Supporting your local team – The best option

Ah the good old ‘support your local team’ saying is sometimes drummed into us by our parents, or we just happen to stumble across our local team and fall in love. However, we all have our reasons for supporting our team.

My story? Well, I’m a Swindon Town fan which I’m fully aware isn’t anything amazing! However, in my time I have created memories with my family, and have truly seen some wonderful times. I remember beating Stoke away in the cup 4-3- James Collins goal in the last minute of extra-time to win it,  having Paolo Di Canio manage my club and never fail to amuse Town fans, playing out a thrilling 5-5 draw in the play-off semi-finals against Sheffield United and seeing Preston North End humiliate us 4-0 at Wembley. Point is, you don’t get these experiences watching a team miles away on TV.

Image result for swindon league two trophy

(Photo Credits: Swindon Web)

I often walk around Swindon and see people in Manchester United shirts etc but in a way almost pity them. They might have seen success, but the likelihood of them seeing it live is very small.

While the best it’s got for me is seeing Swindon lift the League Two trophy in 2012, I would rather that then sit at home watching my team. I obviously understand that fans can’t make it to games due to the unreasonable prices in the top-flight, but why not support your local team?

You often see people go on about how lower league football is ‘real football’. While the football isn’t pretty at the best of times, you are able to experience watching a team live.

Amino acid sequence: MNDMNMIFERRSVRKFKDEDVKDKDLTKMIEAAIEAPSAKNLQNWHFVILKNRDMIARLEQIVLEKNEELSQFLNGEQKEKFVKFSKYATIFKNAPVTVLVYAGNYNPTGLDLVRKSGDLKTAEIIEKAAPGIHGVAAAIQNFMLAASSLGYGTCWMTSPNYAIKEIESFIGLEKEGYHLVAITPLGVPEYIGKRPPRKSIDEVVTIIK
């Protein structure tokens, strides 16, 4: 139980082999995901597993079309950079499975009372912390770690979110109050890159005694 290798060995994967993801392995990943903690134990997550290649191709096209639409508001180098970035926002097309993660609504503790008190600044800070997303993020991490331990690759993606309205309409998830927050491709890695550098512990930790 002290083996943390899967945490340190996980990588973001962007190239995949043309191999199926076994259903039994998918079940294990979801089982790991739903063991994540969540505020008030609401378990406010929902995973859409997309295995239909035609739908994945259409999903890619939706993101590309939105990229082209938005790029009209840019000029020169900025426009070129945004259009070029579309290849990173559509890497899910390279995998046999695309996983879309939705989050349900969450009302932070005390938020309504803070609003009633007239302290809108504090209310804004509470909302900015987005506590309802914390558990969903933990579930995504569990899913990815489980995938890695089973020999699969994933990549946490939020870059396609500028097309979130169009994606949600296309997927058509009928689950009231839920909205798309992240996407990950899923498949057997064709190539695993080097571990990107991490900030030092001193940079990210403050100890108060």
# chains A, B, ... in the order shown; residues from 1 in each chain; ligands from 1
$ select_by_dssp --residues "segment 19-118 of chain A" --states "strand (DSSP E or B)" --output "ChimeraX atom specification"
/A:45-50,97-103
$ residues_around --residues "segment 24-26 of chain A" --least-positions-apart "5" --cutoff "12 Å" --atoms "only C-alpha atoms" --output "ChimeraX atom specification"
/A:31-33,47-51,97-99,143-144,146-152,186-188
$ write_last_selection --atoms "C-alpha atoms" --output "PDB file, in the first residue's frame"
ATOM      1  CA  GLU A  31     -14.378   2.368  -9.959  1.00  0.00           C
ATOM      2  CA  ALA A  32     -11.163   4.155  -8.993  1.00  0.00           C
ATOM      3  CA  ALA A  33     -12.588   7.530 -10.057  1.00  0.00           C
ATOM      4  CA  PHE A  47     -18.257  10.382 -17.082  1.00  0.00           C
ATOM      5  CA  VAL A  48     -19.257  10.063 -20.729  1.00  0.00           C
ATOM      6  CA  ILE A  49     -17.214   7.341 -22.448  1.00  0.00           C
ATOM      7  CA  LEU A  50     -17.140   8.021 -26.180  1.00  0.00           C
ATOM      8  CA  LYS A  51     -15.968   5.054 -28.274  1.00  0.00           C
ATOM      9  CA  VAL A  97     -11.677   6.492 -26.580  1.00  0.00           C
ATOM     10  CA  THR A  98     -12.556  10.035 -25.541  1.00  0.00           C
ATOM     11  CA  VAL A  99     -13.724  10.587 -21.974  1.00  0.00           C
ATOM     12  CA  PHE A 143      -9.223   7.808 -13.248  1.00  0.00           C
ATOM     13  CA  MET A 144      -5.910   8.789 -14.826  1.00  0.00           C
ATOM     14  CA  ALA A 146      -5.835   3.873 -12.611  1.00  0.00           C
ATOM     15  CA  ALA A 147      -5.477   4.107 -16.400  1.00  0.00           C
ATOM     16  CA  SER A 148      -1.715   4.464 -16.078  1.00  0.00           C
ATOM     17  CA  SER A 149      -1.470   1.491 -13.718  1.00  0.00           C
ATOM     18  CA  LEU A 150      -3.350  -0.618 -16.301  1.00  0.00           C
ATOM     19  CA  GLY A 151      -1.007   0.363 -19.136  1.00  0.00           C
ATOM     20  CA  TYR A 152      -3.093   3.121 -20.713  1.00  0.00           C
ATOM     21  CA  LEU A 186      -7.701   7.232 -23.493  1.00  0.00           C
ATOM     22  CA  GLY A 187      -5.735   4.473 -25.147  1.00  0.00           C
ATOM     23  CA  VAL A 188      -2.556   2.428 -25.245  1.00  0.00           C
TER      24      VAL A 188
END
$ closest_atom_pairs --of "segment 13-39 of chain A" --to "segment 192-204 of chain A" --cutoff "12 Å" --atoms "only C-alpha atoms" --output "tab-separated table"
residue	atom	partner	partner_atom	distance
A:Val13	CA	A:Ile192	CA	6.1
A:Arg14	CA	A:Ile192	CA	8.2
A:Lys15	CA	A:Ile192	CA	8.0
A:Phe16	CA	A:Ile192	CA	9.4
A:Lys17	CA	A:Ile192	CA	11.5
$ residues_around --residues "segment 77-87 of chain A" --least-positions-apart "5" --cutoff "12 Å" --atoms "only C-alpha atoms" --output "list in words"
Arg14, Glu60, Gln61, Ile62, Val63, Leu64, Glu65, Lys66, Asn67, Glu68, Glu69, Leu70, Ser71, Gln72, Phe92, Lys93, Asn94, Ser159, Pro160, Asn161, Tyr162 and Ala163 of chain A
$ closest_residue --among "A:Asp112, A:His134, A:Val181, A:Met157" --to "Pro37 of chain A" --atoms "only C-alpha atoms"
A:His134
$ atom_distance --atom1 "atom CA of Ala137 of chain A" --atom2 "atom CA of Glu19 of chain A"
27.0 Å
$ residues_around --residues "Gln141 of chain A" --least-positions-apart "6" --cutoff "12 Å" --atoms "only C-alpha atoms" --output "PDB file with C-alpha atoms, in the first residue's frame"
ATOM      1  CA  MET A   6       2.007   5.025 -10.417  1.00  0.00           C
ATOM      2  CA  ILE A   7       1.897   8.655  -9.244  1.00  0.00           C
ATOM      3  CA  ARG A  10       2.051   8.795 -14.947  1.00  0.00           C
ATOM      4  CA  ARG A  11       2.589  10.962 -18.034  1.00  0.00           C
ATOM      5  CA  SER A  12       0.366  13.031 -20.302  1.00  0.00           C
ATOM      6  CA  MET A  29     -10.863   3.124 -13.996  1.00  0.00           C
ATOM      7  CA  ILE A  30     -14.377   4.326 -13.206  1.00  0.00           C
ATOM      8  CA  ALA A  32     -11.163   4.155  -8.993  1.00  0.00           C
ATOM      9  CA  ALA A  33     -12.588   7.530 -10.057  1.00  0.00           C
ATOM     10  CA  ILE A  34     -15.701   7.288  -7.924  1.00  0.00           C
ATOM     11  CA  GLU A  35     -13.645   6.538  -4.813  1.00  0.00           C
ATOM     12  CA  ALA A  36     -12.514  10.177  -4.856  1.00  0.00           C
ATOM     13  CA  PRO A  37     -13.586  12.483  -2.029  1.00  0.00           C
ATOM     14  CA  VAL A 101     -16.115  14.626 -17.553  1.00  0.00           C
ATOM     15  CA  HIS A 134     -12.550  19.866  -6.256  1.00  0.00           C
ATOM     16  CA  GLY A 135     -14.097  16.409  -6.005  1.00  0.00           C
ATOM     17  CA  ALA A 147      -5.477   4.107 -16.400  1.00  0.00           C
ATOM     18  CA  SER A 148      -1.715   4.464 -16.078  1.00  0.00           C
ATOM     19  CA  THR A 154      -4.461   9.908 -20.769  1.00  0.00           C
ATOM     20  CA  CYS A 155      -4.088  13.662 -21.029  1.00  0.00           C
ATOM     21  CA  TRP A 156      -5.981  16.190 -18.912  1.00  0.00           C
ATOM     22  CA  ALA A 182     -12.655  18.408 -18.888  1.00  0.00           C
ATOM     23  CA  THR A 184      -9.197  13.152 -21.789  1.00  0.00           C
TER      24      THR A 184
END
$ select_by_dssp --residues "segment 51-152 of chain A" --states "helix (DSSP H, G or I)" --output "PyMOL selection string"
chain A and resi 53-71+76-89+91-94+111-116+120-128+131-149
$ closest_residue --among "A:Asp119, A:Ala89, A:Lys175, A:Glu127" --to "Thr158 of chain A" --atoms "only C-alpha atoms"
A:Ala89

The atmosphere is almost always better as you get real, proper fans instead of tourists visiting and taking photos for the whole game. I understand big clubs draw in tourists, but there’s no doubt in saying that atmospheres in grounds in the Premier League have suffered due to more tourists instead of fans

 

Image result for nonleague fans celebrating

(Photo Credits: Jonathan Gawthorpe)

However, when supporting your local team, ‘fans’ of top-flight teams who have never gone to a game have a tendency to mock you for supporting a ‘bad team.’ If you’re one of these fans than I urge you to think again. Fans of these clubs stick with their team through thick and thin and  will be there week after week.

Though a big danger in supporting a lower-league club is you can easily get screwed over in terms of owners. Coventry City, Blackpool and Charlton Athletic have all suffered from poor ownership which has resulted in fans boycotting games. Blackpool only brought 5,000 fans to Wembley for the League Two play-off final in 2017 which shows the damage the Oyston’s have done. This has left fans feel like the FA offer no protection to lower-league clubs.

You see fans like Manchester United demand the Glazer’s leave, but they don’t know the real struggles. It must be so hard to see your team constantly get into the top-four and play in Europe while fans in the lower divisions are forced to see their beloved clubs be torn apart and fall down the football pyramid.

Fans of big clubs often turn a blind eye towards grassroot and non-league football which at least for me is irritating. They fail to see the real English game where you’ve got your muddy pitches, hungover players and a crowd of around 100 each Saturday. Instead their perception of the English game is money being splashed everywhere, and soulless grounds.

Image result for grassroots football

(Photo Credits: The Soccer Store.co.uk)

This article has turned more into a rant, and without a doubt I’ve angered some fans. To those fans my message to you is, I’m not having a go at you as I’m sure you have a reason for supporting your club, but just think about mocking someone for supporting their local team as they’re bad. Instead, respect them for deciding to be loyal and stick with their local side.


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